Moët & Chandon's Elise Losfelt Talks Champagne & Truffle Fries
|Photo by Molly Dunn|
|The Grand Vintage 2006 is now available in the United States.|
Moët & Chandon recently released the Grand Vintage 2006, a champagne that completely reflects that harvest year, but only if it was an outstanding and exceptional year in the eyes of the winemakers.
"I like to describe this champagne as a champagne that is floral, succulent and expansive. Why floral? Because its blend is dominated by 42 percent Chardonnay...Here for this Vintage, it's the Chardonnay that dominates. The Chardonnay brings today to this champagne a lot of aromas of floral that you might have had on the nose; it's also quite nutty today," Losfelt says. "So Chardonnay is floral, it can also bring some buttery aromas but this will come when the champagne ages. Succulent and expansive, this is for me linked with the texture of the Champagne on the mouth...The 2006 has a lot of density, it's thirst-quenching, it develops on the bottom part of your palate... it has a huge length and it stays really long, developing slowly all the levels of aromas of the champagne in your mouth. So actually you have more intensity and more complexity in the aromas of the 2006."
Like the Moët Imperial, the Grand Vintage 2006 is also a Brut Champagne, but its sugar content is much lower. The Moët Imperial has 9 grams of sugar per liter, while the 2006 has 5 grams. Then you have Coca-Cola which has nearly 100 grams of sugar per liter.
She suggests pairing a glass of Grand Vintage 2006 with your main course. Match those intense aromas with veal and potatoes, or a risotto mixed with hearty mushrooms, lemon or pumpkin. An addition of creaminess to your dish brings out the fruitiness and freshness of the Chardonnay blended in this champagne.
For a surprising barbecue pairing, Losfelt suggests swapping beer for the Rosé Imperial. It's simple and intense, and pairs nicely with red meat or game meat, along with peppers and peppercorns. She also suggests it as a refreshing wine to drink during the hot summer months.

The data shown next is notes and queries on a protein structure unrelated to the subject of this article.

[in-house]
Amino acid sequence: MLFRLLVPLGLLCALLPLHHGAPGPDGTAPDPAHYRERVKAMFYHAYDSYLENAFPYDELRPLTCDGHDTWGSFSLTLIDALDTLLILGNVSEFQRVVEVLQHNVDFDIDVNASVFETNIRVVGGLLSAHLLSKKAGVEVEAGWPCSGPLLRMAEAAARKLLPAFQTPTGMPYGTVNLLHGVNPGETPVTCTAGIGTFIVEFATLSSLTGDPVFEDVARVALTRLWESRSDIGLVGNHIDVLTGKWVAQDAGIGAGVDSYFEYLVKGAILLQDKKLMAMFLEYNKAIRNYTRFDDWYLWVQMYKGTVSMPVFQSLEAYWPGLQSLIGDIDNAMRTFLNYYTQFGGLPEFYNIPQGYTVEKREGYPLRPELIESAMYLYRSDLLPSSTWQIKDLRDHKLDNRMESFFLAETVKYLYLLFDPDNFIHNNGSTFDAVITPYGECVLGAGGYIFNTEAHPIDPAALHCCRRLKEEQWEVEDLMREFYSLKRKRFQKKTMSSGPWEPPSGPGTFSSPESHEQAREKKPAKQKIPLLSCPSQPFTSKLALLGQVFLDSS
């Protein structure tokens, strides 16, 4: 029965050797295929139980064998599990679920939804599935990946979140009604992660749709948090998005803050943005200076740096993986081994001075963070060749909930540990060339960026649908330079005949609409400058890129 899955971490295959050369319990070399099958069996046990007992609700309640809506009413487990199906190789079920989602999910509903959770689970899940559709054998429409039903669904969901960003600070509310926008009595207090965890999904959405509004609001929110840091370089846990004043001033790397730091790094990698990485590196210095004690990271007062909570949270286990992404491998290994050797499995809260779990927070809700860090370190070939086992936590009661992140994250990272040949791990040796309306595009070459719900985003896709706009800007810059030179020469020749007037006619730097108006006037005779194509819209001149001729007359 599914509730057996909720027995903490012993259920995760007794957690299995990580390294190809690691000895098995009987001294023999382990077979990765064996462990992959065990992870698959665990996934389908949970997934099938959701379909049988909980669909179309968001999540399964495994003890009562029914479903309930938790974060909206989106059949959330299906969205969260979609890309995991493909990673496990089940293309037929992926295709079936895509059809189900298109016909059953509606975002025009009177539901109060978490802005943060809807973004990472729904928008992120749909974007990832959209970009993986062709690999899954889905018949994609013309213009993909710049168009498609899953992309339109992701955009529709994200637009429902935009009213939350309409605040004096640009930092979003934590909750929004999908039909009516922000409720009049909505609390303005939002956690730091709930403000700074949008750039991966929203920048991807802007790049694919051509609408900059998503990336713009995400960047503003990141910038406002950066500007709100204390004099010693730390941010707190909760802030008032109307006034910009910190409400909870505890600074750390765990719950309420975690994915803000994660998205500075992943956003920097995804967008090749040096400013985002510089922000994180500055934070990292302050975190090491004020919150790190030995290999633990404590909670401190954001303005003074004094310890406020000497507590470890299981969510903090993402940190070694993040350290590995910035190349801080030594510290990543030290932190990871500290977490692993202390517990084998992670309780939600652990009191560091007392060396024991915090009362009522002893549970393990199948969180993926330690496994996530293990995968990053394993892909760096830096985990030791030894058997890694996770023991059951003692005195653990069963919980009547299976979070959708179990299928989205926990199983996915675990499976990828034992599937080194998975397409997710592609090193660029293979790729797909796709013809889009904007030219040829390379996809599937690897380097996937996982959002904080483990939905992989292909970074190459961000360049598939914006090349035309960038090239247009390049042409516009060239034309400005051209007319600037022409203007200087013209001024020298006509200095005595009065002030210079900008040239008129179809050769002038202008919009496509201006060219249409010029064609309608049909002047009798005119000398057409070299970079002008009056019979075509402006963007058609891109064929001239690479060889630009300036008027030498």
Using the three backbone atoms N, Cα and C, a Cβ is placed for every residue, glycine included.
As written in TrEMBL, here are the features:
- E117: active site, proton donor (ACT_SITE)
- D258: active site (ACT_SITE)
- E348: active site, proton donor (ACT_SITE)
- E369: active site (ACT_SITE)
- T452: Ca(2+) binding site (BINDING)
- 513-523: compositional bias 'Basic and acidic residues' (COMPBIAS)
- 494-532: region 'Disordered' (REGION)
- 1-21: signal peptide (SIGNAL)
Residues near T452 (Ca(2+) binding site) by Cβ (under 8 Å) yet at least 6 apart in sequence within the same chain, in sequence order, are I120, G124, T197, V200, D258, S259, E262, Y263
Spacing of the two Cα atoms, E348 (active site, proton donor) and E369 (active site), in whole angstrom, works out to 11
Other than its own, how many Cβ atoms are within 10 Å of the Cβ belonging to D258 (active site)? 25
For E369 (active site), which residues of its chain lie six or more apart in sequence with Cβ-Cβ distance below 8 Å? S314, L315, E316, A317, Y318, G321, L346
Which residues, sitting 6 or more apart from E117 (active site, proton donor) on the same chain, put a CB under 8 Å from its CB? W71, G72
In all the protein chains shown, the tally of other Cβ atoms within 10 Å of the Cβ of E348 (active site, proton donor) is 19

Photo by Leif Carlson Elise Losfelt enjoys a glass of Rosé Imperial during the summer.
"Sometimes in the summer I know that Rosé Imperial is what people are craving for because it has a little bitterness at the end that brings a lot of freshness, actually, and when it is really hot outside, people are craving for freshness and the Rosé Imperial is something that can bring that," she says.
When serving a non-Vintage champagne, ensure it is chilled to approximately 8 to 10 degrees Celsius (about 50 degrees Fahrenheit), and 10 to 12 degrees Celsius for Vintage bottles (about 54 degrees Fahrenheit). Placing your bottle in the refrigerator the night before will allow it to reach this chilled temperature. If you're serving a large bottle of champagne, or one you don't expect to finish that night, then serve it in an ice bucket.
Losfelt suggests serving champagne in white wine glasses instead of flutes, too.
"If you want to enjoy completely the aromas of the champagne, I invite people to try [it] with white wine glasses," Losfelt says. "The flutes are nice because they have a celebratory shape; you see the bubbles, etc. But when it comes to tasting really good champagne, it's really not the best glass. So, if you want to taste the champagne, use a white wine glass. Don't pour too much because as it's wider, the champagne gets warmer quicker and it loses its bubbles quicker. But, if you want to do a dinner with champagne, or you really want to impress your friends, you can do it with the white wine glasses."
When storing your champagne, don't leave an unopened bottle in the refrigerator for more than four day because the air in the fridge dries out the cork, altering the aromas of the wine. Place it in the refrigerator the night or two nights before you plan to serve your bottle. Open bottles must be stored in the refrigerator with the appropriate stopper that has a silicon seal to maintain the pressure.
If you don't finish it within two days, just cook with it! Then open another bottle of bubbly because you're cooking with champagne.